But what about these horrible EXECUTIVE ORDERS?  (That’s a link with some fascinating info regarding them–check it out in another tab.)  You’ll learn more than this:

Executive Order

A presidential policy directive that implements or interprets a federal statute, a constitutional provision, or a treaty.

The president’s power to issue executive orders comes from Congress and the U.S. Constitution. Executive orders differ from presidential proclamations, which are used largely for ceremonial and honorary purposes, such as declaring National Newspaper Carrier Appreciation Day.

Executive orders do not require congressional approval. Thus, the president can use them to set policy while avoiding public debate and opposition. Presidents have used executive orders to direct a range of activities, including establishing migratory bird refuges; putting Japanese-Americans in internment camps during World War II; discharging civilian government employees who had been disloyal, following World War II; enlarging national forests; prohibiting racial discrimination in housing; pardoning Vietnam War draft evaders; giving federal workers the right to bargain collectively; keeping the federal workplace drug free; and sending U.S. troops to Bosnia.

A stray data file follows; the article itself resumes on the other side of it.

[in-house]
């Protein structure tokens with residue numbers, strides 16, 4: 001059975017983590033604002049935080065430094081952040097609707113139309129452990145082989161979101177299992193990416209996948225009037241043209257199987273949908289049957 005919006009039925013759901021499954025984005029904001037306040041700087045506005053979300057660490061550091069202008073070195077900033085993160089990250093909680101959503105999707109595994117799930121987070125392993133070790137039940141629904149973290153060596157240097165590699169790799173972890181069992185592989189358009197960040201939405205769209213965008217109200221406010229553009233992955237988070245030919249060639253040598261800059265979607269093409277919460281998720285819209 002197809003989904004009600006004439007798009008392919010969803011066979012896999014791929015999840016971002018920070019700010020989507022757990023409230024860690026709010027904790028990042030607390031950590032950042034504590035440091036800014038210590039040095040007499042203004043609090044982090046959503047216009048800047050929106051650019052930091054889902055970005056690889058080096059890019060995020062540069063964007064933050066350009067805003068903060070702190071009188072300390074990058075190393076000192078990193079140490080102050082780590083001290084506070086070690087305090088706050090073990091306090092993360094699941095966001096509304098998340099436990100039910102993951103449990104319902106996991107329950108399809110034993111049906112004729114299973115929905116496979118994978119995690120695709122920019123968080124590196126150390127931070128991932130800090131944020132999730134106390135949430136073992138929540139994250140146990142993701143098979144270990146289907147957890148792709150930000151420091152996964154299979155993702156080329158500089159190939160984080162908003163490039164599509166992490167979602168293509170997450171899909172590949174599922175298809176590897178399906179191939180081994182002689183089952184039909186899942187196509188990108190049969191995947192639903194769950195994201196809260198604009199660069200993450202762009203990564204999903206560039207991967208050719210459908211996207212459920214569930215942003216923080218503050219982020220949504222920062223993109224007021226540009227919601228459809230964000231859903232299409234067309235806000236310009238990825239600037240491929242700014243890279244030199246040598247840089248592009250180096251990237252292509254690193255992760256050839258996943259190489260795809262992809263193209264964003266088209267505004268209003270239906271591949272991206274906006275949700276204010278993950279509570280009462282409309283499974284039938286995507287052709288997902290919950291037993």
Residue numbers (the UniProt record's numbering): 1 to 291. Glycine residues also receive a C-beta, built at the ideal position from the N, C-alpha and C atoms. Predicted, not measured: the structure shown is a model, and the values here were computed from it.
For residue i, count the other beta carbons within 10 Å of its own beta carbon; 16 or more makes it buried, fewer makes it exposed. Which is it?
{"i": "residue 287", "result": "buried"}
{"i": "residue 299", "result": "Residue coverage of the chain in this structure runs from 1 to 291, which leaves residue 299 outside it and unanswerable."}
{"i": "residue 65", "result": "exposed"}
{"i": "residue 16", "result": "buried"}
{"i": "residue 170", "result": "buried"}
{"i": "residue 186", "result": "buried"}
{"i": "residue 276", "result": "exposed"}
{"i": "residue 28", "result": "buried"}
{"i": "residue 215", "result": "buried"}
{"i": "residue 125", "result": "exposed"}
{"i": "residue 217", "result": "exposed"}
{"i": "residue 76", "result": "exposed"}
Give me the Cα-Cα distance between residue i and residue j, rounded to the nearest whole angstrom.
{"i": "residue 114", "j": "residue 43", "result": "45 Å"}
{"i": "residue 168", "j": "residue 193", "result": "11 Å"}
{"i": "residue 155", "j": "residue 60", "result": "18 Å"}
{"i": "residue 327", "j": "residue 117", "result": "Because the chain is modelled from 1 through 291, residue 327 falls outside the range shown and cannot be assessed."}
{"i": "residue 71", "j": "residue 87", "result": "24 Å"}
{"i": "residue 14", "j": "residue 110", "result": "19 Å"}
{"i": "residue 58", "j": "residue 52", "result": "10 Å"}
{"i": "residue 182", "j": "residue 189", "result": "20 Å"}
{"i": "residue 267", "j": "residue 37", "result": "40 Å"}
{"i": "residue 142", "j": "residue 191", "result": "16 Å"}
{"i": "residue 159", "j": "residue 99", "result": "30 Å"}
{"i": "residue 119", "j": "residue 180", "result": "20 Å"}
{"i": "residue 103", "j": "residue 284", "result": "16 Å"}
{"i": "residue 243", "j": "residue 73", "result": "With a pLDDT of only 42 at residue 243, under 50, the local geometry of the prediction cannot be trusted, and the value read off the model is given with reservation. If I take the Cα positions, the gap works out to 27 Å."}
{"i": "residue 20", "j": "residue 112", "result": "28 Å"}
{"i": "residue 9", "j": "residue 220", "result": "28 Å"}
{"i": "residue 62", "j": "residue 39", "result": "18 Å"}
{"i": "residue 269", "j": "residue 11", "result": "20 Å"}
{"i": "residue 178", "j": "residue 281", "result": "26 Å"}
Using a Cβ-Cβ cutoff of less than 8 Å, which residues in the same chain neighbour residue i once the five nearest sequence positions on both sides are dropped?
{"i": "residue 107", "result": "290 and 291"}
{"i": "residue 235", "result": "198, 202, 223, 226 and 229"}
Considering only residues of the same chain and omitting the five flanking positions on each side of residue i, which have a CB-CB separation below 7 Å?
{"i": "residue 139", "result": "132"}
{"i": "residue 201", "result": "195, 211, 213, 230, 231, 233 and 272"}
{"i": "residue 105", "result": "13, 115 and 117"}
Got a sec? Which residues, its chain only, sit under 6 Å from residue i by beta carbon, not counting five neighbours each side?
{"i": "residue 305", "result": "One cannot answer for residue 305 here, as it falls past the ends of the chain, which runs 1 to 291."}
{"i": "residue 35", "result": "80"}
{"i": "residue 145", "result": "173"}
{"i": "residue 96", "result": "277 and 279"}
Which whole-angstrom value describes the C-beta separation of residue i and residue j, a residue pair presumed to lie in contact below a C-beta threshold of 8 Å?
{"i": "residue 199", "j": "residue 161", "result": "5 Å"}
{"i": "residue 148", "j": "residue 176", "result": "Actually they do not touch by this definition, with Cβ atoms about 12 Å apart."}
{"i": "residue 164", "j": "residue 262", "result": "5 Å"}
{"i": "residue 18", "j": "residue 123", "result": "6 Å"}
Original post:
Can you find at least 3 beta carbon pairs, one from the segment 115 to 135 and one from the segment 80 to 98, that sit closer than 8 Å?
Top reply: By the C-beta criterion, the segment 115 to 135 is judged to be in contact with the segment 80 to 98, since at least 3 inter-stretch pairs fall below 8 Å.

That’s the gist of it.  Executive Orders were included as part of the original establishment of our government, and the first President to issue one of these orders was George Washington himself.  In the intervening years they have been used by every President, including President Barack Obama’s predecessor,  President George W. Bush.  And how many of these evil, supposedly illegal manuevers did Bush perpetrate?  One?  Two?  Ten?  Twenty?

Ha.  In his first term, Dubya Bush signed 173 executive orders, compared to Obama’s 143.  In Bush’s second term, he was less aggressive, signing a mere 118 orders, while Obama is (through July 20) clocking in at a modest 36.